The book of Dave Gerr mentioned above requires at least 500 kg/m3 wood to be used in wood construction with at least 3 layers of fiberglass epoxy resin protection. When I compare these figures with 90 kg/m3 foam core, how will I reduce weight, I do not quite understand.

    We have a lot of sunny days per year and most of the wood boats need frequent painting and repairing jobs. Fiberglass boats need much less repairs. That is why I am inclined to foam-epoxy rather than wood-paint. If I used wood-epoxy to stop wood rotting and deterioration, how it will result in light-weight, is my question now.
     
  5. TeddyDiver
    Joined: Dec 2007
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    TeddyDiver Gollywobbler

    Three layers doesn't apply for boat only occasionally on water. Think about strip epoxy gf canoes..
     
  6. Mr Efficiency
    Joined: Oct 2010
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    Mr Efficiency Senior Member

    One-off GRP sandwich build would be far more work than desirable, unless you have access to an existing female mould(s).
     
  7. messabout
    Joined: Jan 2006
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    Location: Lakeland Fl USA

    messabout Senior Member

    You can build the boat of ocumee ply that will probably weigh less than the material combination you are anticipating. One of our members here is in the process of building a 4 meter boat that will perform in ways similar to your aims. Laukejas has done a lot of work on the design and has done the hydrostatic computations carefully. His bare boat will weigh 45KG. He will use a 9 meter sail. The boat has a double floor and open transom as is the current fashion for go fast boats. ( that is to assure that the boat is self bailing) The boat will use 4mm and 6 mm ply and have a fiberglass skin over the exposed ply.
     
  8. fallguy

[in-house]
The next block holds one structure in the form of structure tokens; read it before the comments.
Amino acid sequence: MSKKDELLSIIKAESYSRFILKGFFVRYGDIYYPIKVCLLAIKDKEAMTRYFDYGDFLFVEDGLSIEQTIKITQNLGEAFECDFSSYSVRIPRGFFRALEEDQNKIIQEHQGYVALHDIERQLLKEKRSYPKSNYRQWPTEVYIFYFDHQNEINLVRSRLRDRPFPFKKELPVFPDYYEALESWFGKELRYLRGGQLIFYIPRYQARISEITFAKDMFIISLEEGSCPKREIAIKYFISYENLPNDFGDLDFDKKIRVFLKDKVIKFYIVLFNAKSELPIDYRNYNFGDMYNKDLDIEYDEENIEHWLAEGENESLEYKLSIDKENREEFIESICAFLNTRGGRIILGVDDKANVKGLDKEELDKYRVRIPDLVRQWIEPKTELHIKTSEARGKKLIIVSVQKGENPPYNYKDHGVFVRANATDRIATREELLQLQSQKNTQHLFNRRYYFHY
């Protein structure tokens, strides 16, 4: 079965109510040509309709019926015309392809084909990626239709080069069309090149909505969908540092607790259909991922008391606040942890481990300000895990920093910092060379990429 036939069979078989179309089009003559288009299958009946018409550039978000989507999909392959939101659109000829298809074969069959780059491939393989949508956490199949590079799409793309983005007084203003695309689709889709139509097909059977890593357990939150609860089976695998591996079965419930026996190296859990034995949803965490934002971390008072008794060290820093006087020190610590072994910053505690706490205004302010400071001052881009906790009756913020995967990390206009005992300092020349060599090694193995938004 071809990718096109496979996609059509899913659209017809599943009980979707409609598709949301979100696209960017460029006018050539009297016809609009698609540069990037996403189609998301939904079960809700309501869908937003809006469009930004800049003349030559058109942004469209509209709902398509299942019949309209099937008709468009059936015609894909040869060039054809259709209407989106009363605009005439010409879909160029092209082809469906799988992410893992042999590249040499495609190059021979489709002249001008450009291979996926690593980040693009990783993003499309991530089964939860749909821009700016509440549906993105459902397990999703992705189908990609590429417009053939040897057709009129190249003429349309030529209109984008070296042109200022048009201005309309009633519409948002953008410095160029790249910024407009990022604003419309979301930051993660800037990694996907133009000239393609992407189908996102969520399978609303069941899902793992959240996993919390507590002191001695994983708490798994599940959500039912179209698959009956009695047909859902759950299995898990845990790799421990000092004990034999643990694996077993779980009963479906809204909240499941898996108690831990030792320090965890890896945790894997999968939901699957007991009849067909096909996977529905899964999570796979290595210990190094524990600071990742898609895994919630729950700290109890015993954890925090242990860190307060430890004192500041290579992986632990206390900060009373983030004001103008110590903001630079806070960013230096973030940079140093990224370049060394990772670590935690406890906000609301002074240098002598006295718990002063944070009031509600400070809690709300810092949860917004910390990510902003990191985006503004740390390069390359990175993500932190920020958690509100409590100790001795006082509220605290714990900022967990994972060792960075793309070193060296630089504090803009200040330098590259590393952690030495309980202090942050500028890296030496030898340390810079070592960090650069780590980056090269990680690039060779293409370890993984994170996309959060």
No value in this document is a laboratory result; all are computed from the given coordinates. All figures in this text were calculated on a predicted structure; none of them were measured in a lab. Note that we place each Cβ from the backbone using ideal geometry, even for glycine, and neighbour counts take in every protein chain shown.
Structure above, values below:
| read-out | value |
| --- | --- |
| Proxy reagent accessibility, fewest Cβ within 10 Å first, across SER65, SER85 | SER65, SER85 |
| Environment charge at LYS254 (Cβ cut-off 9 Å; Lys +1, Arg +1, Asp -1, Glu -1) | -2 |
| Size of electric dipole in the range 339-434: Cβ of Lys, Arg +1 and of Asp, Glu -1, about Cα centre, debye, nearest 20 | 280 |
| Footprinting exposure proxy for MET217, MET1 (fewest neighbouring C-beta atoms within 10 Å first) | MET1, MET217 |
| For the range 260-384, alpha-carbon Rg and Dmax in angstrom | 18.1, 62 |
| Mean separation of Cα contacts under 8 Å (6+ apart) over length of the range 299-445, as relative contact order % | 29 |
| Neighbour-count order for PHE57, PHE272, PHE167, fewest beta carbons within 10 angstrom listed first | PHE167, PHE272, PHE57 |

Joined: Dec 2016
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    fallguy Senior Member

    To determine the savings by vac bagging is rather easy. You just take the weight of the glass cloth and assume the resin at 100% of the cloth weight. Then you reduce the weight of the resin by say 30% and this is the savings; a better vac job might get you to a 35-40% reduction....but the reduction is not a lot for a small boat like the Farr.

    The reason people don't build these small boats in foam is it takes longer to do, costs are higher, and the gains are incremental and it is obviously harder and requires a jig or mould. But there is nothing wrong with building it in foam at all. However, you will need a female jig to form the hulls correctly and this jig would be best cut by a cnc operator with dxf files at the needed locations. Building in a female jig can be a little tricky and you will have to see if the bagged laminates would cooperate with the curve of the Farr. You might end up glassing the inside on a table and then bonding the entire thing on the jig and flopping it over to glass the exterior or some such. The boat is small enough to build on a male form I suppose as well. You could perhaps laminate the panel insides and then screw then to cleats on the frames, but you really need to think through all the steps. I am realizing I am trying to and don't want to!